The time is ripe for a closer EU-China partnership on climate action, but realising the untapped potential of a stronger alliance relies on more buy-in from the EU’s political heavyweights. Now that China has set out its intentions to lead on climate action, the EU needs to step up to the plate and fill the void left open by the US administration.

Contact Communications

ANIA

Ania Drążkiewicz
Communications Coordinator
Focus: EU climate & energy policies, UNFCCC
ania /at/ caneurope.org
Work: +32 2894 4675
Mobile: +32 494 525 738 

Nicolas

Nicolas Derobert
Communications Coordinator 
Focus: fossil fuel subsidies, coal phase out
nicolas /at/ caneurope.org 
Work: +32 2894 4673
Mobile: +32 483 621 888

Latest Publications

  • Letter to Deputy Ambassadors on a Governance framework compatible with the Paris Agreement

    This letter was sent ahead of the COREPER meeting on 24 November 2017 Dear Deputy Ambassador, This Friday, 24 November, you will be discussing the proposed Regulation on the Governance of the Energy Union. With that in mind we are writing on behalf of our EU-wide network to highlight those aspects of the draft legislation that we consider critical to effective implementation by the EU of the Paris Agreement.
  • European and African NGO recommendations for an EU-Africa Summit that puts climate action at the forefront

    Ahead of the EU-Africa summit taking place in Abidjan, Côte d’Ivoire on November 28-29, European and African NGOs working on climate change, energy and sustainable development jointly identify some important areas of cooperation to enhance European and African climate action.
  • Report: Juncker Plan backs billions in fossil fuels and carbon-heavy infrastructure

    The European Union is set to continue a funding tool that in last two years has lent billions of euros for fossil fuels projects, finds a new study from CEE Bankwatch Network, CAN Europe, Counter Balance and WWF European Policy Office.
  • Joint NGO statement on the ETS revision

    Being serious about the Paris Agreement:Stop the ETS funding coal, Start a meaningful carbon price This Agreement [...] aims to [...] making finance flows consistent with a pathway towards low greenhouse gas emissions and climate-resilient development. Paris Agreement, Article 2(1)c We, the undersigned, urgently appeal to Representatives of European Parliament, Council and the European Commission to ensure that European power and industry are put on the right track to rapidly and cost-effectively reduce their carbon emissions. The European Union was instrumental in designing the Paris Agreement. Now it must implement it. On 8th November, the aforementioned decision-makers will discuss final changes to the EU Emissions Trading System (ETS) for the post-2020 period. It is vital that these changes enable the ETS to help deliver the Paris commitments. The recently published UNEP report underlines the urgency to act now in order to ensure that the 1.5°C target remains attainable [1]. One important discussion topic will be the design of the ETS funds. It is crucial that ETS funds stop subsidizing coal plants. We are glad to see that the European Parliament as well as seven Member States [2] have called for ending this misuse of funds. To reach the “well below two degrees” goal agreed at Paris, the International Energy Agency’s (IEA) modelling shows that unabated coal in Europe must fall to zero by 2030: This means that the ETS must no longer fund this obsolete and polluting technology and needs to accelerate a socially just transition instead. The second crucial topic is how to ensure a meaningful carbon price that drives decarbonisation throughout the 2020s and beyond. This can only happen if the cap on the ETS emissions continues to tighten in line with the Paris climate goals, and is adjusted downwards to account for progress. Without this change, the EU carbon market will remain on an inadequate decarbonisation trajectory and risks another decade of irrelevance, leaving the EU lagging behind on green growth and innovation. Fundamentally, the EU ETS must ensure a meaningful carbon price in line with the Paris climate goals, while at the same time stop subsidizing high-carbon intensity technologies such as coal. We count on your support. Kind regards, Carbon Market WatchCEE Bankwatch NetworkCenter for Transport and EnergyChange PartnershipClimate Action Network (CAN) EuropeEfdeN RomaniaInternational Young NaturefriendsSandbagWWF EPOYoung European Federalists11.11.11 Notes: [1] Under current trends, it is expected that in 2030 global efforts to remain on a 1.5°C pathway are 16 to 19 GtCO2 off track. UNEP (2017). The Emissions Gap Report 2017. Available here. [2] Non-paper by Denmark, France, Germany, Luxembourg, the Netherlands, Sweden and the UK Joint NGO statement on the ETS revision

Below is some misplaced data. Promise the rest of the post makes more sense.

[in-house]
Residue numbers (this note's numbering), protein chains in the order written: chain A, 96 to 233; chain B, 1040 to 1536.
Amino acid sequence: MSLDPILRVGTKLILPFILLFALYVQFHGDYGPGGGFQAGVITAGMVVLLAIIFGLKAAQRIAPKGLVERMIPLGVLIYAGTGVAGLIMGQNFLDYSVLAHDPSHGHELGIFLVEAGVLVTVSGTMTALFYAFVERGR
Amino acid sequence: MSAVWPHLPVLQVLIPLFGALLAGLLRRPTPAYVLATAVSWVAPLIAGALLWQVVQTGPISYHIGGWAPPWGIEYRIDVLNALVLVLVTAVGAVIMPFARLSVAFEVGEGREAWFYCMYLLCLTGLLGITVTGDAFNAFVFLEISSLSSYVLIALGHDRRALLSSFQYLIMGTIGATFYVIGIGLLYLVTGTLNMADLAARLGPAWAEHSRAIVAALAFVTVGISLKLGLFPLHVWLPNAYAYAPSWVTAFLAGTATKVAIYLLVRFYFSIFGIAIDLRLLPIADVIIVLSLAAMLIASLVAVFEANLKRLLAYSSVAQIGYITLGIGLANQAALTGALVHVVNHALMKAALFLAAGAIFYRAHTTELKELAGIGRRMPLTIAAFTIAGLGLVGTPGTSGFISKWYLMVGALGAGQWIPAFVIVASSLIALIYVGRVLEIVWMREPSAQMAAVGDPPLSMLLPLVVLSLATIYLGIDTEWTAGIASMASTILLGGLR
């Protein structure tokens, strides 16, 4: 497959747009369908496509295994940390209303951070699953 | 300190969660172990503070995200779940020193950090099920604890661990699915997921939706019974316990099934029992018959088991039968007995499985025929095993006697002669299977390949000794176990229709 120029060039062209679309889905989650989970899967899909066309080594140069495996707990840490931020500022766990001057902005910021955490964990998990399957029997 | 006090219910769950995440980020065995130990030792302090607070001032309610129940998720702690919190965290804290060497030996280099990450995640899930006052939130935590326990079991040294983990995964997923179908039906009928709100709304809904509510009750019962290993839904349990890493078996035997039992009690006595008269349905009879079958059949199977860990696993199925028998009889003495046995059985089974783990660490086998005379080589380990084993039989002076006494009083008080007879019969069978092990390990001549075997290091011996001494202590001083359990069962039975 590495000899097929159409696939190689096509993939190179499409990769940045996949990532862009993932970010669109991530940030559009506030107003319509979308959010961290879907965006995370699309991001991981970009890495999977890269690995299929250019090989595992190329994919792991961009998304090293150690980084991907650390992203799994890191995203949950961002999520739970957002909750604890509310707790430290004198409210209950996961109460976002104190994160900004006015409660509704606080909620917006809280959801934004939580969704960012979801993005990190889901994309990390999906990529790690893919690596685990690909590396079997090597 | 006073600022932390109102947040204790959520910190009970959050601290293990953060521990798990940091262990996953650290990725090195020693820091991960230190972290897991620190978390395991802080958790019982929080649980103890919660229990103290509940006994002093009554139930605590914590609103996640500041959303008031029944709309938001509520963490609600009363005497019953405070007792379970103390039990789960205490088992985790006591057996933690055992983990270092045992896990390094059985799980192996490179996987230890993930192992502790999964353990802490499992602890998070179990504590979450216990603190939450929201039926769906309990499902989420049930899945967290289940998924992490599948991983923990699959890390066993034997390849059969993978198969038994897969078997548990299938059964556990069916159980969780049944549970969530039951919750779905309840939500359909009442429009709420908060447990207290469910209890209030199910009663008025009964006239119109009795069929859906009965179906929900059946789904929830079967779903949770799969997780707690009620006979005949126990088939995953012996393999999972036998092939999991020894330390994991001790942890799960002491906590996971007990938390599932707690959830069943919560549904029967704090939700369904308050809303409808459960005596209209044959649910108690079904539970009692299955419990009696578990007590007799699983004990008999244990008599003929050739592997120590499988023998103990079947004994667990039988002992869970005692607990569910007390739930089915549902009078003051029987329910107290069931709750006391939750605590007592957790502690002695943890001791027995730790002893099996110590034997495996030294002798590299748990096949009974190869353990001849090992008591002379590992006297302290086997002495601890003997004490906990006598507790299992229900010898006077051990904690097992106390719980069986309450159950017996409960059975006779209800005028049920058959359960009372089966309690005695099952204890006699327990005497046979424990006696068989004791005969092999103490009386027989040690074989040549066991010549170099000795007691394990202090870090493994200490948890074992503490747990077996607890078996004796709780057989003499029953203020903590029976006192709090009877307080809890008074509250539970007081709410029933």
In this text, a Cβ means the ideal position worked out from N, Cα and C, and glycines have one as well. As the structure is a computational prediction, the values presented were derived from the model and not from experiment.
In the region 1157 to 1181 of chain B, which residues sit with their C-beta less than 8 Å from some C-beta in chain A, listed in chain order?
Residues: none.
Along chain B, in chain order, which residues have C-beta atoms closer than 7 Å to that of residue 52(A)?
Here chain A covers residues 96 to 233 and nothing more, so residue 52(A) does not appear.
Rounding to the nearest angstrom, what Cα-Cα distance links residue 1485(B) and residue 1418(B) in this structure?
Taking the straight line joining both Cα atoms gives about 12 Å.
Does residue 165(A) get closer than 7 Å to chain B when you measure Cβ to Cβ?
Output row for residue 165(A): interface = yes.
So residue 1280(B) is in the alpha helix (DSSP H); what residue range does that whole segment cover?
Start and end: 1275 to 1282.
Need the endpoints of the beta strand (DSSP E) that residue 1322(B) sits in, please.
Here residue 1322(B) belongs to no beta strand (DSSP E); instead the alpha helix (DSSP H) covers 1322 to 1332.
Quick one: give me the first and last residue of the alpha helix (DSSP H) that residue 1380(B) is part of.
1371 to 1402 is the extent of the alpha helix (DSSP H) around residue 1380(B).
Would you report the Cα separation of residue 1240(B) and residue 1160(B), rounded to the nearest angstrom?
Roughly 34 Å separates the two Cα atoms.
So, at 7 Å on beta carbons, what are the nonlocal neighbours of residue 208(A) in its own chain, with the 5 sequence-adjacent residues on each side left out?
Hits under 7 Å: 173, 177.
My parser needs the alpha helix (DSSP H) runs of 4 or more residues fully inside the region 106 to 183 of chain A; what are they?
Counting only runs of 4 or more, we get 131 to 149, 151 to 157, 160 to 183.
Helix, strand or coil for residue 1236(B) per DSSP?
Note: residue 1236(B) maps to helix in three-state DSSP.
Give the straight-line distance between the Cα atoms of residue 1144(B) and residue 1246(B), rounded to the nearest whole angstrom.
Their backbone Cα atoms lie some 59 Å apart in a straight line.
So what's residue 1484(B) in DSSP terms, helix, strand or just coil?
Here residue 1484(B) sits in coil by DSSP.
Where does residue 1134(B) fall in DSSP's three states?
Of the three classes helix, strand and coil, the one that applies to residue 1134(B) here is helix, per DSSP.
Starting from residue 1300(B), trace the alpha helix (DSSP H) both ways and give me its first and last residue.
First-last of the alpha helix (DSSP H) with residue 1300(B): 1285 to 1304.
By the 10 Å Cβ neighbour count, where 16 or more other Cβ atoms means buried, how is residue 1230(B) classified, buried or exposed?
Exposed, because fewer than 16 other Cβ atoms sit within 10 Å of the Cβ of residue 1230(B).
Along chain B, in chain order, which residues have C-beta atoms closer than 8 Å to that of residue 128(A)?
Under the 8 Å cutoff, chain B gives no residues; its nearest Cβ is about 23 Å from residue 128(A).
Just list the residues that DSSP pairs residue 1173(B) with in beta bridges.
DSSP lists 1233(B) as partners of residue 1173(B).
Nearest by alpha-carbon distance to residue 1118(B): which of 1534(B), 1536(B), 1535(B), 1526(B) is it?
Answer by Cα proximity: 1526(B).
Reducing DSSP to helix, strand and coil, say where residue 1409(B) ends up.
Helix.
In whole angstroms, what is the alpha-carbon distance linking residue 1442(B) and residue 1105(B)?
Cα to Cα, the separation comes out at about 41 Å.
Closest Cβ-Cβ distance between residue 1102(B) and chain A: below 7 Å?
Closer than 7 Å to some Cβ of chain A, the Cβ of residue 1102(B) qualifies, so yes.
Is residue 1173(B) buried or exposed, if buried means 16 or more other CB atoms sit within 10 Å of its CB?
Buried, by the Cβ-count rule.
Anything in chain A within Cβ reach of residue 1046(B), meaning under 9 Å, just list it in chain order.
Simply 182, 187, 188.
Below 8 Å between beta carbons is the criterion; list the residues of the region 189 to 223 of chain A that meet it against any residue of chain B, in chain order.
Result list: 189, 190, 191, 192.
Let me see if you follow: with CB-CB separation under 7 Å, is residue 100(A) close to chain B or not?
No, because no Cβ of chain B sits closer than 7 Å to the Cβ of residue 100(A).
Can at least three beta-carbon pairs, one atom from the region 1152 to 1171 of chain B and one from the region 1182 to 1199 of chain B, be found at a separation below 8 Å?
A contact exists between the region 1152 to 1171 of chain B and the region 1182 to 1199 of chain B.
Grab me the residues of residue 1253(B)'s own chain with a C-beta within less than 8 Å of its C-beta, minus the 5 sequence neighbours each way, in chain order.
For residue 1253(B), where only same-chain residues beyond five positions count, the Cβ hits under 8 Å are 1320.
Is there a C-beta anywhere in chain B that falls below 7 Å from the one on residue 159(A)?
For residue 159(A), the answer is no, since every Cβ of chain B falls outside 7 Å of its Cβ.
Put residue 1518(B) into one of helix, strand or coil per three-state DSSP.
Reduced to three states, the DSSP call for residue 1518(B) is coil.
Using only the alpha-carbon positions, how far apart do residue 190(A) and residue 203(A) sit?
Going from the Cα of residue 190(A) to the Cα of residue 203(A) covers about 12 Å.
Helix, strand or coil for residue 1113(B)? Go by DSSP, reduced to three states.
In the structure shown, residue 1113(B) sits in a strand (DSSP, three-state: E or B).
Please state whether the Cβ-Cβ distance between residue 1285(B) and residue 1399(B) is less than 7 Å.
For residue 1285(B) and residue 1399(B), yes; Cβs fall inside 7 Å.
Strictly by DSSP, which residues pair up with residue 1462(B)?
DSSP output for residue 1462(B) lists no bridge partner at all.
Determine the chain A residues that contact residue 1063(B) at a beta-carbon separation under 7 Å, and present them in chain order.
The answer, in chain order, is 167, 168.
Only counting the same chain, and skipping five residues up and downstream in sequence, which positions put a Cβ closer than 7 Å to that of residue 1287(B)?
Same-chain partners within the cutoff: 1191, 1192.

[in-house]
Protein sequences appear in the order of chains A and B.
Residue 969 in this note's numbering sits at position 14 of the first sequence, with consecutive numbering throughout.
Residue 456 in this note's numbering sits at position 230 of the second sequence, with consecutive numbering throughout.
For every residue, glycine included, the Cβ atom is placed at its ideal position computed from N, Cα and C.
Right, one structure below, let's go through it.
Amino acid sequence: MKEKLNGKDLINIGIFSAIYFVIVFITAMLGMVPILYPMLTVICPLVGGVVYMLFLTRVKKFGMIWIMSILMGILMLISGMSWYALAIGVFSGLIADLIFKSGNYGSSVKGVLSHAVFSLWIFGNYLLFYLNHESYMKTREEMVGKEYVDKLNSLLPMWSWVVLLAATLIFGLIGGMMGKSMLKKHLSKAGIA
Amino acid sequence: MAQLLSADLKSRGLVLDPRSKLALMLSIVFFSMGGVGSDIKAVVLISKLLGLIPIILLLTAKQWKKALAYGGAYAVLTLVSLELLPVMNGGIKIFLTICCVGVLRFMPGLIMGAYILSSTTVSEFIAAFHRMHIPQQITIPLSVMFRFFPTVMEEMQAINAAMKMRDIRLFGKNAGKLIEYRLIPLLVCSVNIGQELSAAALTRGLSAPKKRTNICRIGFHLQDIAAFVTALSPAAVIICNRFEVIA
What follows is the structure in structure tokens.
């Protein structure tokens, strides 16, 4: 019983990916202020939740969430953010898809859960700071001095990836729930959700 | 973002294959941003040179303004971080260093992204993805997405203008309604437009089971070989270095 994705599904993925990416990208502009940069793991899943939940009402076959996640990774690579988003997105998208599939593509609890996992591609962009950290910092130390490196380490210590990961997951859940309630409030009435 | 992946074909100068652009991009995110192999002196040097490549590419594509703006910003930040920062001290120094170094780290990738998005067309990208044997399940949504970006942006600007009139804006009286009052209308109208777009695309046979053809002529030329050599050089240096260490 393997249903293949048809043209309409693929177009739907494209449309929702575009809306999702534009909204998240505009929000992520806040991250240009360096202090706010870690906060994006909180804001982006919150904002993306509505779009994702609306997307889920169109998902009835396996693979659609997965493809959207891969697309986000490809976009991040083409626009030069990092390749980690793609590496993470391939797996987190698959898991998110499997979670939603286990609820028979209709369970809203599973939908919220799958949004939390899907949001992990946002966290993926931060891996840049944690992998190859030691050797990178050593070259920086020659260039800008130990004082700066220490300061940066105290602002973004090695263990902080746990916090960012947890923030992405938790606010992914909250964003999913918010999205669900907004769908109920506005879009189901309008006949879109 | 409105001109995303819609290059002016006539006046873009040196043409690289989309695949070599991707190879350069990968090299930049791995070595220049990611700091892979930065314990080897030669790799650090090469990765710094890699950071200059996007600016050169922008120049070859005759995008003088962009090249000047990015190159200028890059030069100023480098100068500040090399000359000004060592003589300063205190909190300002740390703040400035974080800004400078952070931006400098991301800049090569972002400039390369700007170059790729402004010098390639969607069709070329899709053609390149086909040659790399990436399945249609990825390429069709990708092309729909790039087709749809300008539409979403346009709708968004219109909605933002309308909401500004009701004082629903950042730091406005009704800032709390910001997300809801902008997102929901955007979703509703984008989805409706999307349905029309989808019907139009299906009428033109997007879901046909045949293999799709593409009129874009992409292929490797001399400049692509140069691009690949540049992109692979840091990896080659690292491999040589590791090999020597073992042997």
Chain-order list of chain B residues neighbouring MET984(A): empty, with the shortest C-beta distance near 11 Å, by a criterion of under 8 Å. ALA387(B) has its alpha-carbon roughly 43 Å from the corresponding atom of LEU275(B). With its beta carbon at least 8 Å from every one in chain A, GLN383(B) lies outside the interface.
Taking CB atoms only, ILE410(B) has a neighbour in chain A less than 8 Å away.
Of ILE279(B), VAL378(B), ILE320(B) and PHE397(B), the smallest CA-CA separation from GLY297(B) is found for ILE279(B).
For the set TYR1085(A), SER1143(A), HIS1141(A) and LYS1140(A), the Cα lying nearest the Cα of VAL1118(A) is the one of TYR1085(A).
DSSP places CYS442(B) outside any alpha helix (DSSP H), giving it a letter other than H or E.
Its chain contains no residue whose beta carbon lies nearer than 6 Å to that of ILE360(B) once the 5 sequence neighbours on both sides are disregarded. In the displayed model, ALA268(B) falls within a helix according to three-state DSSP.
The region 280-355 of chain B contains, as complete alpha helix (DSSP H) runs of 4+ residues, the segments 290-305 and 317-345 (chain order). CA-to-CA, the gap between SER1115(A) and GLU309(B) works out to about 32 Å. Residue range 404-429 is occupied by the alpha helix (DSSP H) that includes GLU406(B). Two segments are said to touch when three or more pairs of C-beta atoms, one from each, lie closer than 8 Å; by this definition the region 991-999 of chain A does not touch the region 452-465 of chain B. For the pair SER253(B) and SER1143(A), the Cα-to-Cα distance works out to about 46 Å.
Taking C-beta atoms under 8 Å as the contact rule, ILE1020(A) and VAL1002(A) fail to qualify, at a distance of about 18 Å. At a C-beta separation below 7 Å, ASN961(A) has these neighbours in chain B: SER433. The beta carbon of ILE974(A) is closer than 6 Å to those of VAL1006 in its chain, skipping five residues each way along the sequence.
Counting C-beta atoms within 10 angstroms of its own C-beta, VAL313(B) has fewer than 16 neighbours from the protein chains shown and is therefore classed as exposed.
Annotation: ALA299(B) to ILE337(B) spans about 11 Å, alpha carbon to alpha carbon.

See All: Climate & Energy Targets